Theory Of The Firm


DEFINITION of 'Theory Of The Firm'

A microeconomic concept founded in neoclassical economics that states that firms (corporations) exist and make decisions in order to maximize profits. Businesses interact with the market to determine pricing and demand and then allocate resources according to models that look to maximize net profits.

The theory of the firm goes along with the theory of the consumer, which states that consumers seek to maximize their overall utility. Modern takes on the theory of the firm sometimes distinguish between long-run motivations (sustainability) and short-run motivations (profit maximization).

BREAKING DOWN 'Theory Of The Firm'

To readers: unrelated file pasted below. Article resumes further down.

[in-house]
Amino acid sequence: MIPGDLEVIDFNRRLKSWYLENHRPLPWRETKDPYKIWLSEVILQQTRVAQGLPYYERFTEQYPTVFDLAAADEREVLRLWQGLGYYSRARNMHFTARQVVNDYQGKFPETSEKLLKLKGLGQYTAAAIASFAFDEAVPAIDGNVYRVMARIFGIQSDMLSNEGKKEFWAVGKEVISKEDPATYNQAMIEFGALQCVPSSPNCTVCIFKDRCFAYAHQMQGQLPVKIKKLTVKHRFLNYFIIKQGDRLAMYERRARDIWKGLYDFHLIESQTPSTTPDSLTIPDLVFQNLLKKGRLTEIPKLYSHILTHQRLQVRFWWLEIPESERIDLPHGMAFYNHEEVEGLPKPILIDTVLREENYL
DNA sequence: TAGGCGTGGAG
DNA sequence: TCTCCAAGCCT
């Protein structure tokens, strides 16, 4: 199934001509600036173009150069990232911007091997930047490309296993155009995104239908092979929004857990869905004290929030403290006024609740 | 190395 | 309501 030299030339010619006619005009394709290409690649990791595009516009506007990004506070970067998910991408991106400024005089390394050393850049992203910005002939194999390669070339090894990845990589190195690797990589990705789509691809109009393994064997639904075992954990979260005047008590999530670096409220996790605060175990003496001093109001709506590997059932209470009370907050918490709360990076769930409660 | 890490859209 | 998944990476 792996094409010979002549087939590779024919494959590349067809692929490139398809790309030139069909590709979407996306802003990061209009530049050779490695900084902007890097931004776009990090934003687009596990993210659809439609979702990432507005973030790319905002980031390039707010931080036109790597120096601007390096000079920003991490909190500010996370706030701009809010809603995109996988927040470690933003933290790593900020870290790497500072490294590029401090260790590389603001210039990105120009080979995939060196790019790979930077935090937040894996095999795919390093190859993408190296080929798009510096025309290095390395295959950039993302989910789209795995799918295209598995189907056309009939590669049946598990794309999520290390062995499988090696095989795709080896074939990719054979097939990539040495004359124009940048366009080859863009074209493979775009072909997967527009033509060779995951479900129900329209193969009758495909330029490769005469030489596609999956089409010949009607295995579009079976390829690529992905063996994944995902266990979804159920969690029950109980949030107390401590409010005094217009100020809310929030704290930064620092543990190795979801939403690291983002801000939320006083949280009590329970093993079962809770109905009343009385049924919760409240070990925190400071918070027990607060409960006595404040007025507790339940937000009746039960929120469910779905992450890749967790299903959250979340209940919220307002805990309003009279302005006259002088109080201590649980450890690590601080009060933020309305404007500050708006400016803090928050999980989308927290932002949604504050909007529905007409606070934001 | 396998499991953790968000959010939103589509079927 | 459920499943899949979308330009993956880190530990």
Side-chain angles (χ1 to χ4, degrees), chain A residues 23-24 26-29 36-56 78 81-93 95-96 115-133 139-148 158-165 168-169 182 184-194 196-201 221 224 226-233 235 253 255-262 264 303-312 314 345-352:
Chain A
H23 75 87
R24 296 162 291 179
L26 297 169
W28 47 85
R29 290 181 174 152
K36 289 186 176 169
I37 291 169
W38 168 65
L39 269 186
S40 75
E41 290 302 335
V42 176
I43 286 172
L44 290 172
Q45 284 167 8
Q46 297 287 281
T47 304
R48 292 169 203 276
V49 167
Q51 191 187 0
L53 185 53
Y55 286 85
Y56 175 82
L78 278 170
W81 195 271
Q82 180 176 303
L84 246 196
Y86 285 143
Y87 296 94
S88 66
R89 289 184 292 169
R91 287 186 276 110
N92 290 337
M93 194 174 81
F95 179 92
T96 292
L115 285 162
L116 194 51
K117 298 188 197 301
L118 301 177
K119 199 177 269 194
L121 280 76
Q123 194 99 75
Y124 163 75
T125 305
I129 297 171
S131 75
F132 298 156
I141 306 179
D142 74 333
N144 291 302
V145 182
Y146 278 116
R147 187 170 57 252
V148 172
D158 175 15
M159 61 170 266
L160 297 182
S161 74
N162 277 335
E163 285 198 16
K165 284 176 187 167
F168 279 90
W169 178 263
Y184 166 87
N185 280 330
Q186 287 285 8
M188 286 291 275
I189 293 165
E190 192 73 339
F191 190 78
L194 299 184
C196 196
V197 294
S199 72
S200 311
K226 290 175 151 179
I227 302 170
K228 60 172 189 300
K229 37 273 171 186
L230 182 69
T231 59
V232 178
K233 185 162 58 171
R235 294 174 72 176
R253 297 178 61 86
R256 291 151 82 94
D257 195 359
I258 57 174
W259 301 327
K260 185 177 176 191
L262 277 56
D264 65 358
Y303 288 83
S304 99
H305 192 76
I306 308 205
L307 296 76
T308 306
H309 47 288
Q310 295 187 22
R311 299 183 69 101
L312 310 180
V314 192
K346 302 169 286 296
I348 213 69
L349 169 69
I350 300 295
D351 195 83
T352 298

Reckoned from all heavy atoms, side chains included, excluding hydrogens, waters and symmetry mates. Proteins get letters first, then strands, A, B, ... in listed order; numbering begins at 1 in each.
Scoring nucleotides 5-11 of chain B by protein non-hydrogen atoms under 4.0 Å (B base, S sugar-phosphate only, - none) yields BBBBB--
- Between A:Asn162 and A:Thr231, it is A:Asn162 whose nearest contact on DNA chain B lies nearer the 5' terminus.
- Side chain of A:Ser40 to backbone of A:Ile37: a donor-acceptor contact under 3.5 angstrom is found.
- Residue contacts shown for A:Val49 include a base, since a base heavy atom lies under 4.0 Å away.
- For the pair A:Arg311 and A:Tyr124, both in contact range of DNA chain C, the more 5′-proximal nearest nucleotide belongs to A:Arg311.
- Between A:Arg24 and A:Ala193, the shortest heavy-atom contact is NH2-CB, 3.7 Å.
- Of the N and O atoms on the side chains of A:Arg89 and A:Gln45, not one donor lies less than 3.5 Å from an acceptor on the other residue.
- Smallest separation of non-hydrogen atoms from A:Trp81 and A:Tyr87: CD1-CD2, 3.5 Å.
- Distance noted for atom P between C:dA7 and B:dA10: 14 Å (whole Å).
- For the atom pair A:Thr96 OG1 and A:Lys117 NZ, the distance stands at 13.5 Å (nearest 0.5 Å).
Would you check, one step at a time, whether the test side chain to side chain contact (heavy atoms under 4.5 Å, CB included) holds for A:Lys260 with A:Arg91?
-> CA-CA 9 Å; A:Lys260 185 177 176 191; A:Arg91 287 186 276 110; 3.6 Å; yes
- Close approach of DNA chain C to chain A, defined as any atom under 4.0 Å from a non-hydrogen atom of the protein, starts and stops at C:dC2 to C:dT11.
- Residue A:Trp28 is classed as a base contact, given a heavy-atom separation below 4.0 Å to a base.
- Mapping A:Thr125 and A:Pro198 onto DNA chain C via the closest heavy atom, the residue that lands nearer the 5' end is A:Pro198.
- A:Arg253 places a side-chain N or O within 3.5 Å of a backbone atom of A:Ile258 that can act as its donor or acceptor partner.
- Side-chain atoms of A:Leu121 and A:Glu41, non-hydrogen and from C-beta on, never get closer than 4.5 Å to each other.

The theory of the firm is always being re-analyzed and adapted to suit changing economies and markets. Early economic analysis focused on broad industries, but as the nineteenth century progressed, more economists began to look at the firm level to answer basic questions about why companies produce what they do, and what motivates their choices when allocating capital and labor.

Modern takes on the theory of the firm take such facts as low equity ownership by many decision-makers into account; some feel that CEOs of publicly held companies are interested not only in profit maximization, but also in goals based on sales maximization, public relations and market share.

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